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HUMAN nature, when subjected to the excitement and temptations of war, seems to have been very much the same in all ages, and there is every reason to suppose that the men who were engaged in pre-historic warfare availed themselves of whatever lay nearest at hand to inflict destruction upon their enemies. If this supposition is correct, it is highly probable that in certain Eastern countries “incendiary projectiles” of some sort were of the most remote antiquity; and there is also good ground for supposing that they were obtained direct from the store-house of nature. It is believed by those who have investigated this subject that naphtha, a word which is derived from Nafata (the Persian “to exude”), was first of all employed in warfare in its crude state, and that afterwards it became a principal ingredient in the composition of Greek fire. The method of making this particular compound was long retained as an inviolable secret, and although it appears to have been divulged, and afterwards to have become widely known, all record of how it was made has since been lost. It is said to have been the invention of a certain Callinicus, a Syrian engineer, who, although he was a Mohammedan himself, imparted his invention to the Romans, who were then the possessors of Constantinople, and who made use of the discovery to protect themselves against the attacks of the Saracens. Upon the occasion of a great sea-fight, no fewer than 30,000 Turks are stated to have been destroyed by the use of the new and horrible agent; and during the long period which elapsed from its first introduction in the seventh century to the final and successful siege of Constantinople by the Saracens in 1453, it seems to have played so important a part that the capital of the Eastern Empire, during that long period, is said to have been preserved by its constant employment. It was by no means confined to the defence of Constantinople, but seems to have been extensively used, in some form, throughout Europe during the warfare of the fourteenth century. Then, in the words of Gibbon, “the scientific or casual compound of nitre, sulphur, and charcoal effected a new revolution in the art of war and the history of mankind.” It is here that we come upon a complete revolution in the application of “incendiary projectiles,” and discover the necessity of an entirely new apparatus in order to render the discovery available. In most improvements upon the arts of civilisation the progress has been more or less gradual, but in this sudden change which took place in the practice of warfare the invention of guns must have sprung into existence almost as rapidly as the startling discovery which made them necessary.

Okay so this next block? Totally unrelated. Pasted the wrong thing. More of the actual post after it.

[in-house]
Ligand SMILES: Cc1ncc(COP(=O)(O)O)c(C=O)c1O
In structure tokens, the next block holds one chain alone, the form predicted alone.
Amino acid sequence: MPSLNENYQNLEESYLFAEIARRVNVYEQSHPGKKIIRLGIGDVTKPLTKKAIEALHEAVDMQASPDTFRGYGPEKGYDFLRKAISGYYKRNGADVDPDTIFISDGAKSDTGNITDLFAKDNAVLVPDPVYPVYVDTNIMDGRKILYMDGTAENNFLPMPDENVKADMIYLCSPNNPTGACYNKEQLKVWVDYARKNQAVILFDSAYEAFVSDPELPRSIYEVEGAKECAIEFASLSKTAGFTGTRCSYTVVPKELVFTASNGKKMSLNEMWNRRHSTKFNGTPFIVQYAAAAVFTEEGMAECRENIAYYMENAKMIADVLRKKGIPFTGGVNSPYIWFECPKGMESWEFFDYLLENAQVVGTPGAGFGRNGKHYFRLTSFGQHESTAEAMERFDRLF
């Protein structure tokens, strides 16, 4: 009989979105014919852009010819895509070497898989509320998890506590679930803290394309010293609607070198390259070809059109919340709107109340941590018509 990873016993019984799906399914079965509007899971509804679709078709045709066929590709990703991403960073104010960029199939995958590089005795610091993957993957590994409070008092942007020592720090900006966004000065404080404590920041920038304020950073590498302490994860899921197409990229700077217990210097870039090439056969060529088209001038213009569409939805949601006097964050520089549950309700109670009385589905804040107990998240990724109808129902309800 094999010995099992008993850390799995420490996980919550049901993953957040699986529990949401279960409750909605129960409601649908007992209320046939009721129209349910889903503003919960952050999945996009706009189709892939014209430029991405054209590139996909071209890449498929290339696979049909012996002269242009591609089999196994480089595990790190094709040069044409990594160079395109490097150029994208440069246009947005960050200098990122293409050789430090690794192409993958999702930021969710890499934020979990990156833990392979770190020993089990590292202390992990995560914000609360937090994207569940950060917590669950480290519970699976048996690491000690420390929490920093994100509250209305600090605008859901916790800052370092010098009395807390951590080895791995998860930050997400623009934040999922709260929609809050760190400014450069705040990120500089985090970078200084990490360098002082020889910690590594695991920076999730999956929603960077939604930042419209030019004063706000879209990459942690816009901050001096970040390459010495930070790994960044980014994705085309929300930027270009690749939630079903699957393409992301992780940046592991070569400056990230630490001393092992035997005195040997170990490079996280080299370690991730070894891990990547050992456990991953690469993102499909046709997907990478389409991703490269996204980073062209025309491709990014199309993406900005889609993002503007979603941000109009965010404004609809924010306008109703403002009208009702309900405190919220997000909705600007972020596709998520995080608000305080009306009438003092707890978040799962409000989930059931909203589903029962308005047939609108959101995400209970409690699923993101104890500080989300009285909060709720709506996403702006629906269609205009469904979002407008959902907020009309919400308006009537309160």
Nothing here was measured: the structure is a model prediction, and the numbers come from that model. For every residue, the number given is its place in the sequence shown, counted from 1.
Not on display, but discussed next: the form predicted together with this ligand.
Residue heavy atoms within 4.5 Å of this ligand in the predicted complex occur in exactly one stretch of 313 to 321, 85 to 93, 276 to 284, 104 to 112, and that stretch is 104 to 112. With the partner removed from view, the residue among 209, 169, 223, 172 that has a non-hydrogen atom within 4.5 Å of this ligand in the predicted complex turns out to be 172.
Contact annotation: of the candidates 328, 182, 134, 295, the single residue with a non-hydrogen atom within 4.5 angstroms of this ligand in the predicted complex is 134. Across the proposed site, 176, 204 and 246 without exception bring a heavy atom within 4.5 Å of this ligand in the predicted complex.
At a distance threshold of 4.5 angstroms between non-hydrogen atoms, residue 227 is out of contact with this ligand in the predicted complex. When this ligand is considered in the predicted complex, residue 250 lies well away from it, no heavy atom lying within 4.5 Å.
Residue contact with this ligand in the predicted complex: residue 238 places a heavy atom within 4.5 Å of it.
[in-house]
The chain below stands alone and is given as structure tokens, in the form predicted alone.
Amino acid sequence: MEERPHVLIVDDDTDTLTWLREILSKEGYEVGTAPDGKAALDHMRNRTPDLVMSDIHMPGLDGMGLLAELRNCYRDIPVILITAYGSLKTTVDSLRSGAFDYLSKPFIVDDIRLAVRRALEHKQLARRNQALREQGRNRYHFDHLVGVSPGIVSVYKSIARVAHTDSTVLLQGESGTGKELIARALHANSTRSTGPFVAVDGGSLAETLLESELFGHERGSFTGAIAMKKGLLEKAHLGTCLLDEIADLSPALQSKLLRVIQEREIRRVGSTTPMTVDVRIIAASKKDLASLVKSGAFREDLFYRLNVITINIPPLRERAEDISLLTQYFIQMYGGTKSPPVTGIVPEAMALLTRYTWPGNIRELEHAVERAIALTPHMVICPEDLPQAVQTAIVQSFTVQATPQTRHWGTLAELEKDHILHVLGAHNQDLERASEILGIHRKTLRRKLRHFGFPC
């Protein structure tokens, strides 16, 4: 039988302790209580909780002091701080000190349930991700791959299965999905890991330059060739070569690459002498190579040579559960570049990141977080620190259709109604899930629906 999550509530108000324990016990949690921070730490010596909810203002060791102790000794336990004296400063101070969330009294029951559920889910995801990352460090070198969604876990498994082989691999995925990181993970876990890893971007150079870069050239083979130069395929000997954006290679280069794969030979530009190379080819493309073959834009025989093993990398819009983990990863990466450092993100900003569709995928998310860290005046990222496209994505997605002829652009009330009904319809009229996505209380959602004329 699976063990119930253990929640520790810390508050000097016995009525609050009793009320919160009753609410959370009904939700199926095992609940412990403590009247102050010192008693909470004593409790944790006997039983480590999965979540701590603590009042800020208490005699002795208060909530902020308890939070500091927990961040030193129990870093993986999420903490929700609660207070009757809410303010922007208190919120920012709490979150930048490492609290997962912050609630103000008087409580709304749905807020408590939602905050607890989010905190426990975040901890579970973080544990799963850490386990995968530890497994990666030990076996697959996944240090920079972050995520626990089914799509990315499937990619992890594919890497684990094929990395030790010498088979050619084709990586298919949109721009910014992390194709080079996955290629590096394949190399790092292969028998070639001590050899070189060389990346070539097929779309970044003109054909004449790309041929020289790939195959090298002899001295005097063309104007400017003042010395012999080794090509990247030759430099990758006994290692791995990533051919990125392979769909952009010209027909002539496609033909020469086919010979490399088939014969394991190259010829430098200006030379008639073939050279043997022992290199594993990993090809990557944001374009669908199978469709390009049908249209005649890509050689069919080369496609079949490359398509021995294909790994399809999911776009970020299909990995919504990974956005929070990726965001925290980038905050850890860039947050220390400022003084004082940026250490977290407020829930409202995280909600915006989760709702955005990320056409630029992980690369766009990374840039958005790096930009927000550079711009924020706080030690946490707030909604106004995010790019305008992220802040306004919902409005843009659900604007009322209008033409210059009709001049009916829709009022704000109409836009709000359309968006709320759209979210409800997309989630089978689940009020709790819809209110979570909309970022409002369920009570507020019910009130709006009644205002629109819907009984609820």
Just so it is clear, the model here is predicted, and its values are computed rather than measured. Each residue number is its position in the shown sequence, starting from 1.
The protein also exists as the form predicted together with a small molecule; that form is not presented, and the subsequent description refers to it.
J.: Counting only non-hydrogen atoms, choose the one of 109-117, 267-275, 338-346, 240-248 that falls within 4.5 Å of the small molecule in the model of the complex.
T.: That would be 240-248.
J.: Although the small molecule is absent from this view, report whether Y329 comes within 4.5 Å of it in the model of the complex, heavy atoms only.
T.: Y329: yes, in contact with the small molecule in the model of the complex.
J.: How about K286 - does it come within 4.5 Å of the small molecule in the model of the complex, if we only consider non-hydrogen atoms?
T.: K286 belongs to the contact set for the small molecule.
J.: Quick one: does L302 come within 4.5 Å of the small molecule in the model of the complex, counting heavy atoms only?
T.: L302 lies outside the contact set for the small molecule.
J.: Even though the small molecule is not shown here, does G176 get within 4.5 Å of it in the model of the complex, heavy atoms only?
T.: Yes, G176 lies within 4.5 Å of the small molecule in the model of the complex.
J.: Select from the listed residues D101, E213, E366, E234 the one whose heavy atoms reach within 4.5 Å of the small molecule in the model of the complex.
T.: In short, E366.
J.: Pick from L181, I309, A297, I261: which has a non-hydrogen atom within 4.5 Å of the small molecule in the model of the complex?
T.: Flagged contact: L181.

It is quite certain that nearly all the substantial improvements which followed upon the first application of gunpowder, down to the end of the last century, were made by Europeans; but it seems equally clear that we must look to the well-known ingenuity of a very different race for the original discovery. We are informed, upon the authority of a certain Father Amyot, that stone mortars and stone balls were used in China so early as the eighth century, and it is generally admitted that the Chinese were the first inventors of gunpowder. There were no international patent laws in those days, and however interesting it may be, from an antiquarian point of view, to trace the relative merit or demerit of the country that first introduced an agent so horribly disruptive of the brotherhood of man, it is sufficient for our present purpose to trace the history of the invention as best we can, without much fear of trampling upon the susceptibility of the original inventor.